By ibroadsword


2017-12-01 11:13:17 8 Comments

So I have a String of integers that looks like "82389235", but I wanted to iterate through it to add each number individually to a MutableList. However, when I go about it the way I think it would be handled:

var text = "82389235"

for (num in text) numbers.add(num.toInt())

This adds numbers completely unrelated to the string to the list. Yet, if I use println to output it to the console it iterates through the string perfectly fine.

How do I properly convert a Char to an Int?

3 comments

@s1m0nw1 2017-12-01 11:22:16

That's because num is a Char, i.e. the resulting values are the ascii value of that char.

This will do the trick:

val txt = "82389235"
val numbers = txt.map { it.toString().toInt() }

The map could be further simplified:

map(Character::getNumericValue)

@ibroadsword 2017-12-01 11:37:33

Thank you. I was extremely confused.

@Vadzim 2017-12-08 12:24:25

On JVM there is efficient java.lang.Character.getNumericValue() available:

val numbers: List<Int> = "82389235".map(Character::getNumericValue)

@Moira 2017-12-08 14:19:55

You seem to have linked to the wrong answer on that question, I've changed it if you don't mind

@zsmb13 2017-12-01 11:25:28

The variable num is of type Char. Calling toInt() on this returns its ASCII code, and that's what you're appending to the list.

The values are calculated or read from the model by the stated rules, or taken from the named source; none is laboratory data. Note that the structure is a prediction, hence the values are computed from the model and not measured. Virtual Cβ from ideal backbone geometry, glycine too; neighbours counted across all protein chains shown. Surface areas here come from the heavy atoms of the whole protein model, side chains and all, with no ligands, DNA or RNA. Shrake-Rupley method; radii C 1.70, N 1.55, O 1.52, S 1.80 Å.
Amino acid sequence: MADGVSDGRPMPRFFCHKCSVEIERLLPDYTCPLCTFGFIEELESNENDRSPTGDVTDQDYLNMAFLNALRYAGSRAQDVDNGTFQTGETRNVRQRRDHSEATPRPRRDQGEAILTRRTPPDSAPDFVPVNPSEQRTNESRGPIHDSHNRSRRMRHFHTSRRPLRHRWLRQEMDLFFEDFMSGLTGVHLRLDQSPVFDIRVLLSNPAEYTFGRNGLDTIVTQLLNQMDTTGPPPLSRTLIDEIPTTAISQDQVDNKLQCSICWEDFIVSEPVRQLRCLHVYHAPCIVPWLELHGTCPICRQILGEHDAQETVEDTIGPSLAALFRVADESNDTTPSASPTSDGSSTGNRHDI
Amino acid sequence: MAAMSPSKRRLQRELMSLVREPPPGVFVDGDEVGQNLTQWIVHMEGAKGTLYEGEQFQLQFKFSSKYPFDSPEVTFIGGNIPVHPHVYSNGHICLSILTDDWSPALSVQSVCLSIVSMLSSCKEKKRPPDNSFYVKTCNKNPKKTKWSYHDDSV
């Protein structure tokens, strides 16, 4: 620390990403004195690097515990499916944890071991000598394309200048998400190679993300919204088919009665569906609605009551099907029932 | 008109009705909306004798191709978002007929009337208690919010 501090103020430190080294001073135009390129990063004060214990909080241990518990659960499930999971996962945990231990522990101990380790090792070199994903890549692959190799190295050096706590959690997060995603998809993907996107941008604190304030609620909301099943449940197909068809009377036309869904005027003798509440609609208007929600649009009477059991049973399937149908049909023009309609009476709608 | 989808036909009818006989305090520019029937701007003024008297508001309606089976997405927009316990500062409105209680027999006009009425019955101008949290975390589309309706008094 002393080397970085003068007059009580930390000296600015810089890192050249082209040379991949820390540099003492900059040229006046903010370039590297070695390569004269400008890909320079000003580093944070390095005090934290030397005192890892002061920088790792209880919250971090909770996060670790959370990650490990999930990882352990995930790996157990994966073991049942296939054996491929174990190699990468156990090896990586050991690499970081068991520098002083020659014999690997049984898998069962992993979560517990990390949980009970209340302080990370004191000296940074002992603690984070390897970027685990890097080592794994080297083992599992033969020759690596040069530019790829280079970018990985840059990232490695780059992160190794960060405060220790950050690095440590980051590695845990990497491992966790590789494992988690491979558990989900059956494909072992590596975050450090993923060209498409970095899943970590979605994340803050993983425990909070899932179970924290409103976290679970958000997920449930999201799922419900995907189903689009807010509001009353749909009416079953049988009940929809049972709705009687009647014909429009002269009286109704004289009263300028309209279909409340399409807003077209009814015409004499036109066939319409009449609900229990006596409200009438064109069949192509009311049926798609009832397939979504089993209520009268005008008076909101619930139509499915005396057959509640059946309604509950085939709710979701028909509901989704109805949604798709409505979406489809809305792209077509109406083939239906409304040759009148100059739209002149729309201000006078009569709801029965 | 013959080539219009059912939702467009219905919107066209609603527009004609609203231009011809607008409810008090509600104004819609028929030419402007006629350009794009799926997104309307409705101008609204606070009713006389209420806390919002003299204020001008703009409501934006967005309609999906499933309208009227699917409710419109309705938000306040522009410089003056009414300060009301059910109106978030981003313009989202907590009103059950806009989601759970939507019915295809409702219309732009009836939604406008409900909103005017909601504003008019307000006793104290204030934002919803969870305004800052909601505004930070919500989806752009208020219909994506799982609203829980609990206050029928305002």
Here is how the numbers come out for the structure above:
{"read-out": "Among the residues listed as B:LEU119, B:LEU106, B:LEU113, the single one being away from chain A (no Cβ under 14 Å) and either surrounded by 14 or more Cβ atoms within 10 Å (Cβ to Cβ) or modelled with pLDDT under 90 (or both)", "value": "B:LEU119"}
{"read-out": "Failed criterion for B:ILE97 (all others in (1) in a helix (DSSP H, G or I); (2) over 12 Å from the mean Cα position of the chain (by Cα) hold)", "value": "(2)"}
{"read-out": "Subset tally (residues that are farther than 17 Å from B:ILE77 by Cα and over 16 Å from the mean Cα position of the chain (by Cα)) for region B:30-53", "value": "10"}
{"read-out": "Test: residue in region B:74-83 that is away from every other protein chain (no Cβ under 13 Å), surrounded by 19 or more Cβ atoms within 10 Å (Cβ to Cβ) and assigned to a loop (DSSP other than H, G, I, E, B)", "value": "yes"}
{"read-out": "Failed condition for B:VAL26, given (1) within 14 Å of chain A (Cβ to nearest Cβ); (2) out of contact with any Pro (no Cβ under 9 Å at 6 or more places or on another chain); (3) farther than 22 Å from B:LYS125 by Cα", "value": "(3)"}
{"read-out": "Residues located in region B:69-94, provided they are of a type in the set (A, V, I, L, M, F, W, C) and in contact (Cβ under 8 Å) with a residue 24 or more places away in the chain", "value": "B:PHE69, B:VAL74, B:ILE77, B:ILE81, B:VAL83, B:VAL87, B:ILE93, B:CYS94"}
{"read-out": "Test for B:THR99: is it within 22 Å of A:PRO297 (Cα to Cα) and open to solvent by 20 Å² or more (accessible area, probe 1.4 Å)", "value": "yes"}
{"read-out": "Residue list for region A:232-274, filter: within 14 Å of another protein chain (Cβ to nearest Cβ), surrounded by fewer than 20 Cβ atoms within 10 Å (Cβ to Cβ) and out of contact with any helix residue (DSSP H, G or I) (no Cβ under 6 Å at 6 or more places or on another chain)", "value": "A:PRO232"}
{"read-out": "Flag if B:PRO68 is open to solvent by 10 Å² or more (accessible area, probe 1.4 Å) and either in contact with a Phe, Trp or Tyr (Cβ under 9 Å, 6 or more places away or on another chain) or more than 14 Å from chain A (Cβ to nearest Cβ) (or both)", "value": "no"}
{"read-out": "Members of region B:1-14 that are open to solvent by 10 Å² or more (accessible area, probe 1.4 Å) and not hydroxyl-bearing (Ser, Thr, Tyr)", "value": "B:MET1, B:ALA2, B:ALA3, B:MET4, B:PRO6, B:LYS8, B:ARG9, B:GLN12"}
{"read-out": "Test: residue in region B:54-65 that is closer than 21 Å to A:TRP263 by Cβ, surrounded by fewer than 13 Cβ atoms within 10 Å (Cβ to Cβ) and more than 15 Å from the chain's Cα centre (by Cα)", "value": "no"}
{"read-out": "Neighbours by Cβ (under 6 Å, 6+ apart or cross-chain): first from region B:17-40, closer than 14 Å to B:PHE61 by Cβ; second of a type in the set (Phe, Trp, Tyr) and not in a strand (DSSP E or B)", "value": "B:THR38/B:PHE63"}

If you want to append the numerical value, you can just subtract the ASCII code of 0 from each digit:

numbers.add(num.toInt() - '0'.toInt())

Which is a bit nicer like this:

val zeroAscii = '0'.toInt()
for(num in text) {
    numbers.add(num.toInt() - zeroAscii)
}

This works with a map operation too, so that you don't have to create a MutableList at all:

val zeroAscii = '0'.toInt()
val numbers = text.map { it.toInt() - zeroAscii }

Alternatively, you could convert each character individually to a String, since String.toInt() actually parses the number - this seems a bit wasteful in terms of the objects created though:

numbers.add(num.toString().toInt())

@zsmb13 2020-01-01 15:38:39

'0'.toInt() correctly returns 48, which as explained in the answer, is the ASCII code for the character '0'. If you want the numerical value of a character containing a digit, you'll have to subtract the ASCII value of '0' from it.

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